History professor discusses George Washington’s legacy at alumni event

A history professor discussed George Washington’s legacy and connection to the University Tuesday.

Denver Brunsman, an associate professor and the associate vice chair of the history department, detailed George Washington’s personal character, life as a slave owner and vision for a national university. The GW Alumni Association hosted the event titled, “Legacies of George Washington: a Conversation with Dr. Denver Brunsman, Associate Professor of History.”

In case you missed it, here are some main takeaways from the event:

Washington’s personal behavior
Brunsman said the painting “General George Washington Resigning His Commission” by John Trumbull made Washington “world famous,” depicting him ceding his command as general of the Continental Army in 1783 at the end of the Revolutionary War.

“When Washington gave up power at the end of the Revolutionary War, his enemy of the time – King George III in Great Britain – said, ‘If Washington has done this, he will be the greatest man in the world,’” Brunsman said.

Brunsman said John Adams, Washington’s vice president at the time, described him as tall, handsome and smart and someone with a “gift of silence” who never deceived anyone when others had.

Brunsman said another painting called “Parson Weems’ Fable” by Grant Wood depicts Washington pulling back a curtain to look at the cherry trees outside. He said the painting represented Washington’s character in the eyes of the American people because it showed how they trusted him.

“They trusted him,” he said. “He had shown that he could give up power, and it was something that was known at the time. And Washington was someone who really absorbed all the moral teaching of his time.”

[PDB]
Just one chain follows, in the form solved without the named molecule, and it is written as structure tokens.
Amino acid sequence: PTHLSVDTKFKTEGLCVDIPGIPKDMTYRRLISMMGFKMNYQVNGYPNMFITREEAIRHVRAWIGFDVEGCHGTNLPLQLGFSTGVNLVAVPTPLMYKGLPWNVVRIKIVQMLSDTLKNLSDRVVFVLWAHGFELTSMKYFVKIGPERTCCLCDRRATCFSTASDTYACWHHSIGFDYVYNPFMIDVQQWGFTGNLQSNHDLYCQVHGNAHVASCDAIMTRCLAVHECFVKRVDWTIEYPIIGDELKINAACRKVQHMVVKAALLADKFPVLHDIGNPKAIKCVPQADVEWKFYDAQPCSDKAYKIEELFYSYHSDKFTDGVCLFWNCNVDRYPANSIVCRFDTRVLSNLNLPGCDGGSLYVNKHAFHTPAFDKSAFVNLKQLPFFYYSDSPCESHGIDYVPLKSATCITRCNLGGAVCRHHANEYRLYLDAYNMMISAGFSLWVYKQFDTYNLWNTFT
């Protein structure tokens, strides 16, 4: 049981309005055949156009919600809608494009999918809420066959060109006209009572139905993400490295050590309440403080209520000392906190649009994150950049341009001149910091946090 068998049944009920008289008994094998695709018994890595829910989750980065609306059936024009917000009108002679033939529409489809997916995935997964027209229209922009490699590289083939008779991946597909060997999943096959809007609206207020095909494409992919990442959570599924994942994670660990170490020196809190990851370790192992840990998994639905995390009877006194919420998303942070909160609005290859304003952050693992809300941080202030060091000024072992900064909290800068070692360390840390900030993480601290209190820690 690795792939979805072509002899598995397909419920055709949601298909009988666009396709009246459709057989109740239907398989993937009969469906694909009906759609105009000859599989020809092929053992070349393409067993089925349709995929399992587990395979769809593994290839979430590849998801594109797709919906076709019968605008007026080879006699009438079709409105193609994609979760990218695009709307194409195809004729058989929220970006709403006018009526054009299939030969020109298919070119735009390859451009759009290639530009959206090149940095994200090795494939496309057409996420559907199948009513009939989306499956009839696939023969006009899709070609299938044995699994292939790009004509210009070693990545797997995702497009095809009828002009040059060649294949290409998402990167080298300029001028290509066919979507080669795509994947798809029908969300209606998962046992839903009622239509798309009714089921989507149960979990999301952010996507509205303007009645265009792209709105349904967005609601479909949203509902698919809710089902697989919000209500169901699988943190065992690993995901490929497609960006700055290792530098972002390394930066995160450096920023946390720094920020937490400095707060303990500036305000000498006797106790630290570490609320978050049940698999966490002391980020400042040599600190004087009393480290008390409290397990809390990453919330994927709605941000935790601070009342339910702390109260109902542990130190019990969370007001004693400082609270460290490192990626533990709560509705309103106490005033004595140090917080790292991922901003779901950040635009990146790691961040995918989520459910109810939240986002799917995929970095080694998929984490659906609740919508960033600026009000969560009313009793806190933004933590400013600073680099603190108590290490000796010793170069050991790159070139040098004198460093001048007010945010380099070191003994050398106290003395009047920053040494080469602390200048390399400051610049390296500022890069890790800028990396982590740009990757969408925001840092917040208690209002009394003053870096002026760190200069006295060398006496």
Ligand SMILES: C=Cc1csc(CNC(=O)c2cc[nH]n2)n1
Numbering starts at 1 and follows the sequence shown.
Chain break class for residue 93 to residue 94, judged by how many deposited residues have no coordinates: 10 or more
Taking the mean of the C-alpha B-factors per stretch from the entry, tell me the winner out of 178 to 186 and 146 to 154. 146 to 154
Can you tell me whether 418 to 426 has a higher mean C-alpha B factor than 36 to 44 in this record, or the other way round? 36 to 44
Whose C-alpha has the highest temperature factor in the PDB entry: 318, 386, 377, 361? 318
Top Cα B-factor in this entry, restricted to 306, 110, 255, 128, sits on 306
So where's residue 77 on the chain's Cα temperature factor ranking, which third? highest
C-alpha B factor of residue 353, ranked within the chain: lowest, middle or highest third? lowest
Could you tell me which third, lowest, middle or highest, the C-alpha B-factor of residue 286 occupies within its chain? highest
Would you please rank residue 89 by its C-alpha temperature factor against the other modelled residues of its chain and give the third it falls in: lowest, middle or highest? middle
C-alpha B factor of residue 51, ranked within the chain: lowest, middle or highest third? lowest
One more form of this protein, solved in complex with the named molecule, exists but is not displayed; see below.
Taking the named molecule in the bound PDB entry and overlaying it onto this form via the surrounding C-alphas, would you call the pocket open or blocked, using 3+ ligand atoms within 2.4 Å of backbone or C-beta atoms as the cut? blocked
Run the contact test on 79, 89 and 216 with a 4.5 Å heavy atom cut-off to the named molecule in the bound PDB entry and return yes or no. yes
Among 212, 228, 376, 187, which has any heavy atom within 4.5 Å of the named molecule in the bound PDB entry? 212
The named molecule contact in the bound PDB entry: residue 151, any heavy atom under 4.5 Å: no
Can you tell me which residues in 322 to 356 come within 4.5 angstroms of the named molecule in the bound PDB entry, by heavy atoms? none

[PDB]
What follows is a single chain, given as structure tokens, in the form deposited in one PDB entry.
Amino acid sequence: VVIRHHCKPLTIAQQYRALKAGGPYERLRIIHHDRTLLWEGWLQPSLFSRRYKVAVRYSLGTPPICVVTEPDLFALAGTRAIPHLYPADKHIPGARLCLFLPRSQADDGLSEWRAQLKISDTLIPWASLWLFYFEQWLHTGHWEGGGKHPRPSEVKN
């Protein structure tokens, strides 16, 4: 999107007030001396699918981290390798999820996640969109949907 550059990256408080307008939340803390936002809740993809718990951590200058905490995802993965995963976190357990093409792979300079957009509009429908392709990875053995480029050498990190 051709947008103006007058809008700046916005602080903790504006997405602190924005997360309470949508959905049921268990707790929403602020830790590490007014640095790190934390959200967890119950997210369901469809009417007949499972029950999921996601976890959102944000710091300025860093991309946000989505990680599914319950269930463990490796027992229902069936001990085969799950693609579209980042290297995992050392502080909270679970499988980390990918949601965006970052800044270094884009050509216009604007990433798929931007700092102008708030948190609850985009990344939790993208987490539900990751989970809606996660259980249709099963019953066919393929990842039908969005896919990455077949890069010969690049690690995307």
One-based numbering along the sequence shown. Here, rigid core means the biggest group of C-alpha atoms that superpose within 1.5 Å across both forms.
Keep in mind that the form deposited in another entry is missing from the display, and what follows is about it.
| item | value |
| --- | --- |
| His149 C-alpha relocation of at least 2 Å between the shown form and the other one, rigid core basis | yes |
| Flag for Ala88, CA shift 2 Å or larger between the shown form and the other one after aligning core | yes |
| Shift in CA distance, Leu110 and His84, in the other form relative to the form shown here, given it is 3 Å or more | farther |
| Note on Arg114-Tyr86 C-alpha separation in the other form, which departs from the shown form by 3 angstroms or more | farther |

Ties to slavery
Brunsman said Washington’s ties to slavery were the “biggest stain” on his character, enslaving 123 women and children by the time of his death in 1799.

“So that is to say that they were human, they were people,” he said. “And I think this is what troubles [people] so much about these institutions and troubled Washington.”

Brunsman said Washington was a “normal” slaveholder up until the Revolutionary War, which changed his view of slavery as part of the nation’s institutions.

“He turned privately against it, and that was for a number of reasons,” he said. “One is that he saw the heroism of African Americans in battle.”

Brunsman said Washington’s views changed because he traveled up North during the war and spent time in New York. He said Washington vowed against purchasing or selling any more slaves after his close advisers told him about the wrongs of slavery.

“He had Marquis De Lafayette, John Lawrence, [Alexander] Hamilton telling him how wrong slavery was,” he said. “So by the end of the revolution, Washinton committed himself to not buy or sell any more people.”

Connections to GW
Brunsman said Washington envisioned a national university, which highlighted his early advocating for American students to stay away from “provincialism,” attachment to their local communities as opposed to the whole country.

“He was really a visionary in terms of experiential education,” he said. “He wanted students to be able to do things like watch sessions of Congress in between formal schooling on campus.”

Burnsman said Lafayette, one of Washington’s close advisers, attended the first graduation of Columbian College – the University’s original name – in 1824. He said GW’s emphasis on internship opportunities defines this part of Washington’s legacy.

“Other universities claim that the mantle of the national university,” he said. “I think GWU has the strongest of those claims.”

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